After I wrote my book, Embrace The Lead, I knew I had to go through the entire thing again. Luckily, I had written it in Word, which checks your spelling as you go along, so I knew that all the regular words were going to be spelled properly. However, I had also used voice recognition software, so I knew there were going to be some alien-looking phrases that were going to stand out. And I knew one more thing; I was going to rewrite as I went along. Everyone rewrites, unless they can hammer something out in one piece and feel fairly comfortable with it. When it comes to something large, though, you’re probably going to rewrite something; it’s perfectly normal.

The first edit was painstakingly long. I’m a speed reader, so I had to change my own mode of reading and actually study my own text. I have to say that I did a pretty good job with the first edit. Word is a great program to use because it allows you to make some mass changes whenever you need to. For instance, there were many instances in the book when I used my wife’s first name by mistake. So, I was able to mass change the entire book from her name to “my wife” with one keystroke; that was great. I also noticed a consistent typo, where my fingers just wouldn’t let me spell this one word correctly, and I was able to make that change all at once.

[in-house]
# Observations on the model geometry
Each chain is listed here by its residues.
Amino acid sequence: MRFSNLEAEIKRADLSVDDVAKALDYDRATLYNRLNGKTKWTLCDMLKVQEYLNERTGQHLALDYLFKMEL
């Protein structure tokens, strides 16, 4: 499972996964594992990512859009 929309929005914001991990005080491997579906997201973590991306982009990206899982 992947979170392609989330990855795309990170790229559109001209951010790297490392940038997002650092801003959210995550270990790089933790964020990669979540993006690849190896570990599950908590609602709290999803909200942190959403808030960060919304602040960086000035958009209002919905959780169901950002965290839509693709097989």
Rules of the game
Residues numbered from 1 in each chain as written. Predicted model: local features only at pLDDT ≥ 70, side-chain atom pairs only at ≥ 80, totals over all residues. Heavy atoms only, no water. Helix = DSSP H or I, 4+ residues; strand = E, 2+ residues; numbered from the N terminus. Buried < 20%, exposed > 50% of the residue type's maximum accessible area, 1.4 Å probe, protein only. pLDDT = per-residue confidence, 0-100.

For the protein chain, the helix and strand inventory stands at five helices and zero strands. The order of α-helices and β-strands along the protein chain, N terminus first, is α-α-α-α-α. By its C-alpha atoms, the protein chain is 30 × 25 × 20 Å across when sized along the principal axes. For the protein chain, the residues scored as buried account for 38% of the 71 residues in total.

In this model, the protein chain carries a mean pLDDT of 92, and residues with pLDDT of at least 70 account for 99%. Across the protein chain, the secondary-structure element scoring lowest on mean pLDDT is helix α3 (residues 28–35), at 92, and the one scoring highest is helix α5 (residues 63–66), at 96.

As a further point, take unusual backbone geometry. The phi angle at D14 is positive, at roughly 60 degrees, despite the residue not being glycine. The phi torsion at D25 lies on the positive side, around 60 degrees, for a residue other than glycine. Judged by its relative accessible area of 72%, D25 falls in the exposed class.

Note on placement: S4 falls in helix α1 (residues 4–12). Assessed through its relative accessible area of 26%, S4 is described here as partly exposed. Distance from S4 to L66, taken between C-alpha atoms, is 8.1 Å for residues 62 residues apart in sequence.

The first edit of my book took me 5 days. I didn’t end up rewriting all that much, but I did end up adding more to many areas, trying to explain myself better. Still, after the first edit of my book, I felt fairly comfortable with it; but I knew I wasn’t done.